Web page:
Do You Have High Expectations For Your Kids In Sports?

An article I wrote that was originally posted on the Dads Round Table.

With the first pick in the 2027 NBA Draft, the Toronto Raptors select Harrison Cusden out of the University of Michigan…..

A dad can dream can’t he? All of my favourite things culminating in one glorious moment that will shape the life of my son and our family.

No pressure right? No expectations at all. Just go from a kid in the driveway to the biggest stage in basketball. Now that a Canadian has become the top pick in what is still a very American sport, as witnessed by Anthony Bennett and most likely Andrew Wiggins next year, there are no limits. So, let’s keep the party going for many years to come. In particular, 2027 and 2030.

Pretty high expectations right?

Don’t worry, I am not some crazy guy running shooting drills with my son at 5 am. I am of course sharing a dream that plays out in my head all the time when I watch my son slam dunk a ball on his mini-net.

I am sure you have done it as well. Sitting around with friends and family arguing over what big time school your son will get a full scholarships to and what pro teams they will make. This is most common in our household during March Madness.

There is a definite fight for the ACC and the Big Ten going on.

For many parents out there, pro sports is a dream as well. I mean, wouldn’t it be great if our kids grew up to be professional athletes?

Our son is three and already has an interest in at least 10 sports. It is a can’t lose situation. He loves to play basketball, hockey, golf, baseball, tennis, soccer and many combinations of each.

Both my sons are bigger than the average at their age. Of course my mind is going to wander off to fantasy land and picture my boy’s faces on ESPN.

Here is the difference. I know how to separate fantasy from reality and keep those dreams in my head. These thoughts in no way are going to create expectation for my boys in whatever direction they go in life.

Sure, it would be great if things played out that one or both of my sons turned out to be great at a sport. Look at the Lopez twins in the NBA. I wonder what kind of expectations Mr. and Mrs. Lopez had when their boys were both on their way to being seven feet tall? I am sure dollar signs were making an appearance the further they went in organized hoops. But stories like this are the minority.

So as my one boy who is three and the other who is not even one yet, grow up on a world where millions can be made if you are good at a sport, what expectations do I have as a father?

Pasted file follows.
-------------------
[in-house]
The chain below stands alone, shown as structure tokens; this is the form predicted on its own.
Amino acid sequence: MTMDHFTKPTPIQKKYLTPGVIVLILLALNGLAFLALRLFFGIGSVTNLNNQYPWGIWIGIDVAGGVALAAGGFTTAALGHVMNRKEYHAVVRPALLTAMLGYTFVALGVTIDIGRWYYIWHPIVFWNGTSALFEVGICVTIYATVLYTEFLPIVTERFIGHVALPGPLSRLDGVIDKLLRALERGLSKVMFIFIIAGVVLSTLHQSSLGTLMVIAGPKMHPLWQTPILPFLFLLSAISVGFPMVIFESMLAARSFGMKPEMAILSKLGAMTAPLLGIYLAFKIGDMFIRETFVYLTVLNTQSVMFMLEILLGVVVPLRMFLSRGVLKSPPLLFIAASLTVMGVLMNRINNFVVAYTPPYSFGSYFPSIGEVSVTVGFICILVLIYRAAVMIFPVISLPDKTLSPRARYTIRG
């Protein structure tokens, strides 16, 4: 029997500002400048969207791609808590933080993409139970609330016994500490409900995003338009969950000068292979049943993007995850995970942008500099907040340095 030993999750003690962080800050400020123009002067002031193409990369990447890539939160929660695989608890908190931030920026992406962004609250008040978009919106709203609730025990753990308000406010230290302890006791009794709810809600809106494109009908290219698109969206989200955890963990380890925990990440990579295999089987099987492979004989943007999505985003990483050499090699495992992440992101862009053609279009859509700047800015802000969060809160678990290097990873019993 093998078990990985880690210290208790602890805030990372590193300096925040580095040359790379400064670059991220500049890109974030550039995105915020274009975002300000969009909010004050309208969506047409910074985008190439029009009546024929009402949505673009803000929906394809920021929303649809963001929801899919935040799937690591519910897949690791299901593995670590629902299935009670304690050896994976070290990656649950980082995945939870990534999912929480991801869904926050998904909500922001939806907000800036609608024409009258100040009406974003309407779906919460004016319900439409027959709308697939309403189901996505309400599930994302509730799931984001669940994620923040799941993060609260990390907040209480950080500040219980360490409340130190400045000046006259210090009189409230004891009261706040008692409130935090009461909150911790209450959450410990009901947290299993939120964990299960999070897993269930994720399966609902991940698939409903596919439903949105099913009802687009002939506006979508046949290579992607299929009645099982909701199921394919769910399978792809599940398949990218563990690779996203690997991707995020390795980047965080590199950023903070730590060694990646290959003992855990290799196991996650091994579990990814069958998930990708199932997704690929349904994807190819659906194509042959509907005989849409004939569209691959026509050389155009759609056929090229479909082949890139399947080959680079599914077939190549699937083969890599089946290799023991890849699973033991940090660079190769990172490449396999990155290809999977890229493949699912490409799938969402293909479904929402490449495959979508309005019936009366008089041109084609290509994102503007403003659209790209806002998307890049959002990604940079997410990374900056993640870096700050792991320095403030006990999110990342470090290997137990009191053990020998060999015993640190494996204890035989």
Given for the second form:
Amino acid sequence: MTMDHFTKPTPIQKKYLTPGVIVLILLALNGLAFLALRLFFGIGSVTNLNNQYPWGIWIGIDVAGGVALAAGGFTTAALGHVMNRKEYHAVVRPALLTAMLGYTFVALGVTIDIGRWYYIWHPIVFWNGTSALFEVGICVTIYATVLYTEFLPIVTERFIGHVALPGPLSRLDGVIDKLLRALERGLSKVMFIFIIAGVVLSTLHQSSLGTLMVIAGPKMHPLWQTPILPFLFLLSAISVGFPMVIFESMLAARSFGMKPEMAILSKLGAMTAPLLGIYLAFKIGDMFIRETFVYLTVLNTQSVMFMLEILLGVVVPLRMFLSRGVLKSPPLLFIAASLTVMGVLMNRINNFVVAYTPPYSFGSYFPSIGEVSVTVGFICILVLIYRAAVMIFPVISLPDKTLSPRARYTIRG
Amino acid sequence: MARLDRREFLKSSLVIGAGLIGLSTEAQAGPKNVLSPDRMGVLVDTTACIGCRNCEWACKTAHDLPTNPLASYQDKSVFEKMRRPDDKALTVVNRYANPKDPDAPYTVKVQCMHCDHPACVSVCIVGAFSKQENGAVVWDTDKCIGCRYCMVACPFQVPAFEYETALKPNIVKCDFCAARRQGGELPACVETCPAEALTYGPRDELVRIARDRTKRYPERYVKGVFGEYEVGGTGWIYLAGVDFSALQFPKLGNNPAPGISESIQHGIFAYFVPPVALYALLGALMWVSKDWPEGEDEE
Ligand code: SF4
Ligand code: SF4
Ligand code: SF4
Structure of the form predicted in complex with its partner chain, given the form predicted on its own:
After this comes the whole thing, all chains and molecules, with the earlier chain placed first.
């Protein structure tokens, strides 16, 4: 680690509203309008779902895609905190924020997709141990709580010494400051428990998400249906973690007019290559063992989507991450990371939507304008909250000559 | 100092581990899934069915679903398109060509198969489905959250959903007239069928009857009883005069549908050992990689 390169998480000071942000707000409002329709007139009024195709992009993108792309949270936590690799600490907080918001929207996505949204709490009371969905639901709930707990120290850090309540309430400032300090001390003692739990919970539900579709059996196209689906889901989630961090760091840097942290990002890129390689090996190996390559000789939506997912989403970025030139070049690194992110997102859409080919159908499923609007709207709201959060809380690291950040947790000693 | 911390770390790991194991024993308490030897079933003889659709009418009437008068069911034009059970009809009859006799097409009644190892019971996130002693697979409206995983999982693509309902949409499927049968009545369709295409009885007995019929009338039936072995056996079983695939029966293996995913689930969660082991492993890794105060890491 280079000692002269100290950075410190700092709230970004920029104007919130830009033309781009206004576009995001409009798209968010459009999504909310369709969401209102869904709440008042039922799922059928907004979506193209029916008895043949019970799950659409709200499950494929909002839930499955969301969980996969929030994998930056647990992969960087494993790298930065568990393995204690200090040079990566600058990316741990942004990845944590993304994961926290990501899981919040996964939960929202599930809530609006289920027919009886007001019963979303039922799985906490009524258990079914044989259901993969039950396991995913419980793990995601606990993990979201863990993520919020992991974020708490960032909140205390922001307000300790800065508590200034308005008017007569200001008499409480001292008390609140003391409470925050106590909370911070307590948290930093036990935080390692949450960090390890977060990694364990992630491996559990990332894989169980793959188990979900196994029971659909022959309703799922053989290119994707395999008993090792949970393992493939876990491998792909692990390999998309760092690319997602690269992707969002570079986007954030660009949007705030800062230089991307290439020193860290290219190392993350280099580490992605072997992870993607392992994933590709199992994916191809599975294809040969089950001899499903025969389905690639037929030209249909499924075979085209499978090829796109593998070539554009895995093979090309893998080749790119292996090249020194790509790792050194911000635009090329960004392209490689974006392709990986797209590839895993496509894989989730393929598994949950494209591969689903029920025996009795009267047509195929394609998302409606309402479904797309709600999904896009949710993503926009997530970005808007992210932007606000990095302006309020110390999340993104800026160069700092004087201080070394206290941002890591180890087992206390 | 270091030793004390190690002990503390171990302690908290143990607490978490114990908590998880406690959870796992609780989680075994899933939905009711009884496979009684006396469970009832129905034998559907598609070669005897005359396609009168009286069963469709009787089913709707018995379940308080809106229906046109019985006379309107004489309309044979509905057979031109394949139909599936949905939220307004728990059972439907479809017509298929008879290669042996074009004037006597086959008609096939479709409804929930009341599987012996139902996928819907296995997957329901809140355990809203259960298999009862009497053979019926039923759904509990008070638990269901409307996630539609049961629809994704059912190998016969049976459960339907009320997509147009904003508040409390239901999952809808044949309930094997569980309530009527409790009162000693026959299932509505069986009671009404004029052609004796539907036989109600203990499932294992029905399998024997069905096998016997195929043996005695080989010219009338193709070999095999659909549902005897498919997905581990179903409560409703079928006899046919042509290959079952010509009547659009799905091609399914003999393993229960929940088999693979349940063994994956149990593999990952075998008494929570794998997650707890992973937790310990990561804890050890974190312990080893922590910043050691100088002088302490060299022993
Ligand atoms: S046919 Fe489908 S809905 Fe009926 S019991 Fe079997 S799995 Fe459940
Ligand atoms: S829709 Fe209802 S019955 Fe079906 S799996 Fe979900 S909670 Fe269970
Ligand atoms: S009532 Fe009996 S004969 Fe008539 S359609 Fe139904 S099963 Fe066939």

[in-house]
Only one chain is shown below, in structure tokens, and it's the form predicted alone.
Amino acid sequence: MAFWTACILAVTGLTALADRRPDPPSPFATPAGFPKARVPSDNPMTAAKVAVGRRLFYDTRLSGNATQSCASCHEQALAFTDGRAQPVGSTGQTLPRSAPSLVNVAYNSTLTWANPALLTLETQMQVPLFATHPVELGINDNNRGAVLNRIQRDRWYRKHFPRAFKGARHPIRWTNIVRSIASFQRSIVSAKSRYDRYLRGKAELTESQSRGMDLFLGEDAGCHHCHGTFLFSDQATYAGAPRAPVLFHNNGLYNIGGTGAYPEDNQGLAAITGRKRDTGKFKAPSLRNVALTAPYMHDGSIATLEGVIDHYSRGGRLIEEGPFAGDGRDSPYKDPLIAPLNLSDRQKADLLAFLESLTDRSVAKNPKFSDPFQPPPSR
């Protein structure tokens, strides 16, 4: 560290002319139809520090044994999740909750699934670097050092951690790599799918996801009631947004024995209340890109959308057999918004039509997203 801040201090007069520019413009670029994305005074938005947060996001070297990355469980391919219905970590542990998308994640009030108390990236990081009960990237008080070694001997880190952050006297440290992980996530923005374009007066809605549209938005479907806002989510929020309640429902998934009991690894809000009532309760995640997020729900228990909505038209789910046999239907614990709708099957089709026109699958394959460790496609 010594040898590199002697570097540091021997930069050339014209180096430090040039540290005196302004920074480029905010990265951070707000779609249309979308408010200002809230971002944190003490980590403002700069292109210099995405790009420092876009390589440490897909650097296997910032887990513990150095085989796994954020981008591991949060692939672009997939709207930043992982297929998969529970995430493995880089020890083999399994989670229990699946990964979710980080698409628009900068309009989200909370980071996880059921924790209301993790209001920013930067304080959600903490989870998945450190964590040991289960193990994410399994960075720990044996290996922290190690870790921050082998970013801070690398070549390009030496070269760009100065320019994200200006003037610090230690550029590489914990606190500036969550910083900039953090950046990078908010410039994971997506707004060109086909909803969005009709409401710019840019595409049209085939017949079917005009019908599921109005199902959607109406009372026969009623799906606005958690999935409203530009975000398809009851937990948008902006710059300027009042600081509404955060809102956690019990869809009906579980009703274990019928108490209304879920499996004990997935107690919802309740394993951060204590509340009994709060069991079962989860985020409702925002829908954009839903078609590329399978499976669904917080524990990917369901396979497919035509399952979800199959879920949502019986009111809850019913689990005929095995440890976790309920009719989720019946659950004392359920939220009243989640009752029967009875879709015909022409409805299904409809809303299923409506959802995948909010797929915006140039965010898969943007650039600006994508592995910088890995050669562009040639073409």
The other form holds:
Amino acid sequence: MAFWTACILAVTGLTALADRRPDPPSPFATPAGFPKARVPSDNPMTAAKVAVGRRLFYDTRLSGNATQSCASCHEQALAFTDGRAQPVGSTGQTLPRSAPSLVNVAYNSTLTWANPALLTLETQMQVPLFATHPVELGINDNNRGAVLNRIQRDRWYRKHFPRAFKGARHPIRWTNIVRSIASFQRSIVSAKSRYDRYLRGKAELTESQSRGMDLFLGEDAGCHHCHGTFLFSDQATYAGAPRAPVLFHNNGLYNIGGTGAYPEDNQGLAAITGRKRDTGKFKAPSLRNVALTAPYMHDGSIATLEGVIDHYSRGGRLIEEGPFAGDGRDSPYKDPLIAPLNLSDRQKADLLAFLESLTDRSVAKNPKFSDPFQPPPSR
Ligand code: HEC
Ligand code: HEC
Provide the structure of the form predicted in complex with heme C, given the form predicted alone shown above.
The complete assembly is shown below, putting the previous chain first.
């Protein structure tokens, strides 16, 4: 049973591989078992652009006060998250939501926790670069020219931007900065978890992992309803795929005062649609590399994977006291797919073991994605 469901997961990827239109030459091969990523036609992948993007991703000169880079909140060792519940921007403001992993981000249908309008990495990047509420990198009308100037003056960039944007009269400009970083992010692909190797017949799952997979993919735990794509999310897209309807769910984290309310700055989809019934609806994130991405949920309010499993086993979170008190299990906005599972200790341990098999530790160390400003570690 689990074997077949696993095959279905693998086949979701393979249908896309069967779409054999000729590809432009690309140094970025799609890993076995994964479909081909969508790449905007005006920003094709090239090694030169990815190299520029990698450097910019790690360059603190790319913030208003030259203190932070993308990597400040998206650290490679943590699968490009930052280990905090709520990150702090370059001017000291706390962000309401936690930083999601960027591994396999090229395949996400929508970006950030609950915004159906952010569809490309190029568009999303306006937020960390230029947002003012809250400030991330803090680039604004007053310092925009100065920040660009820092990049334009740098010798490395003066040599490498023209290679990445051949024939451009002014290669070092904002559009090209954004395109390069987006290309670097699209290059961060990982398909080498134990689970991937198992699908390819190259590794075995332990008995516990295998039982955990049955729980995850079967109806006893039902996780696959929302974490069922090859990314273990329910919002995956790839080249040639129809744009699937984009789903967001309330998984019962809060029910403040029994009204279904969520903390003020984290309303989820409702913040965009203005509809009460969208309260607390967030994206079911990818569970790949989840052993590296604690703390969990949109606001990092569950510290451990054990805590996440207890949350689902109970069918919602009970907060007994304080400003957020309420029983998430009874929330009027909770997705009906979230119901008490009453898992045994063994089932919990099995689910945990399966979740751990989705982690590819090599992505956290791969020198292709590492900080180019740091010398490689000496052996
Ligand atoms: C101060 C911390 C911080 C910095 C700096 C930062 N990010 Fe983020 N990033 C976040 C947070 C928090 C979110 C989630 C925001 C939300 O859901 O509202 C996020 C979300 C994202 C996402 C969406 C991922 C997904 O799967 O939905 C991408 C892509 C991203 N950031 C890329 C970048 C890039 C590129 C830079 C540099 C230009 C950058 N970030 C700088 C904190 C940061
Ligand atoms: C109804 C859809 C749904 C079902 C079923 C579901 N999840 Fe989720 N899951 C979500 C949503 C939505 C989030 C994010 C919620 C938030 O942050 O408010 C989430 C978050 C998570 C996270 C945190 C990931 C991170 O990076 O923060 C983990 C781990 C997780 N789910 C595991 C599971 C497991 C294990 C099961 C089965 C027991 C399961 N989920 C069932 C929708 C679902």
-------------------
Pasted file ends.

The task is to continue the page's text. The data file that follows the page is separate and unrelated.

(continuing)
To put it bluntly, I have no preconceived expectations.

Now, I expect them to grow up and be decent people, who do the right thing and play by the rules, but that is pretty normal if you are a parent I would hope. I want them to find a sport or skill they love. I want them to try whatever they want to try regardless of my personal opinions. I want them to be happy.

If sports never materializes, so what? It could be music, cooking, medicine, writing, or any number of other mediums that interests my boys. I will support them however I can and do what I can to help them reach a goal or dream.

If they love to play basketball and don’t make the All-Star team, so what. If they play tennis and don’t make the National team. No big deal to me.

What it comes down to is:

  1. Did they do their best?
  2. Did they have fun?
  3. What can I do as a parent to support?

Living in Canada, too many times I hear of parents putting their kids in the NHL before they can even skate properly. They are going to the rink, harping at the coach and basically placing a lot of unnecessary pressure on the kids to be the best.

That kind of pressure and stress is why a lot of kids quit the sports they once loved.

Young children, particularly preschool and elementary school, don’t need any more stress or pressure than they already have. Being a kid is a lot tougher than it used to be. For all those parents out there with young kids taking interest in sports, I say, just sit back and let them enjoy it. Be involved with them and their sports. Let them explore and try out new things. Forget that they are not following the rules or doing it right. Let them combine baseball and hockey into some sport that does not exist. Let their minds run wild and let them get all the exercise they can. Go outside and play something with your son or daughter. If they love a sport, the chances are much greater they will continue to play it and maybe even become that first pick in the NBA one day.

Now, that being said, if your kid is a lefty, stop reading this post and go find the nearest baseball diamond that has a pitcher’s mound.

Like I said, a guy can dream can’t he?

Thanks to the team at the Dads Round Table for giving dads a platform to share stories, experiences and ideas.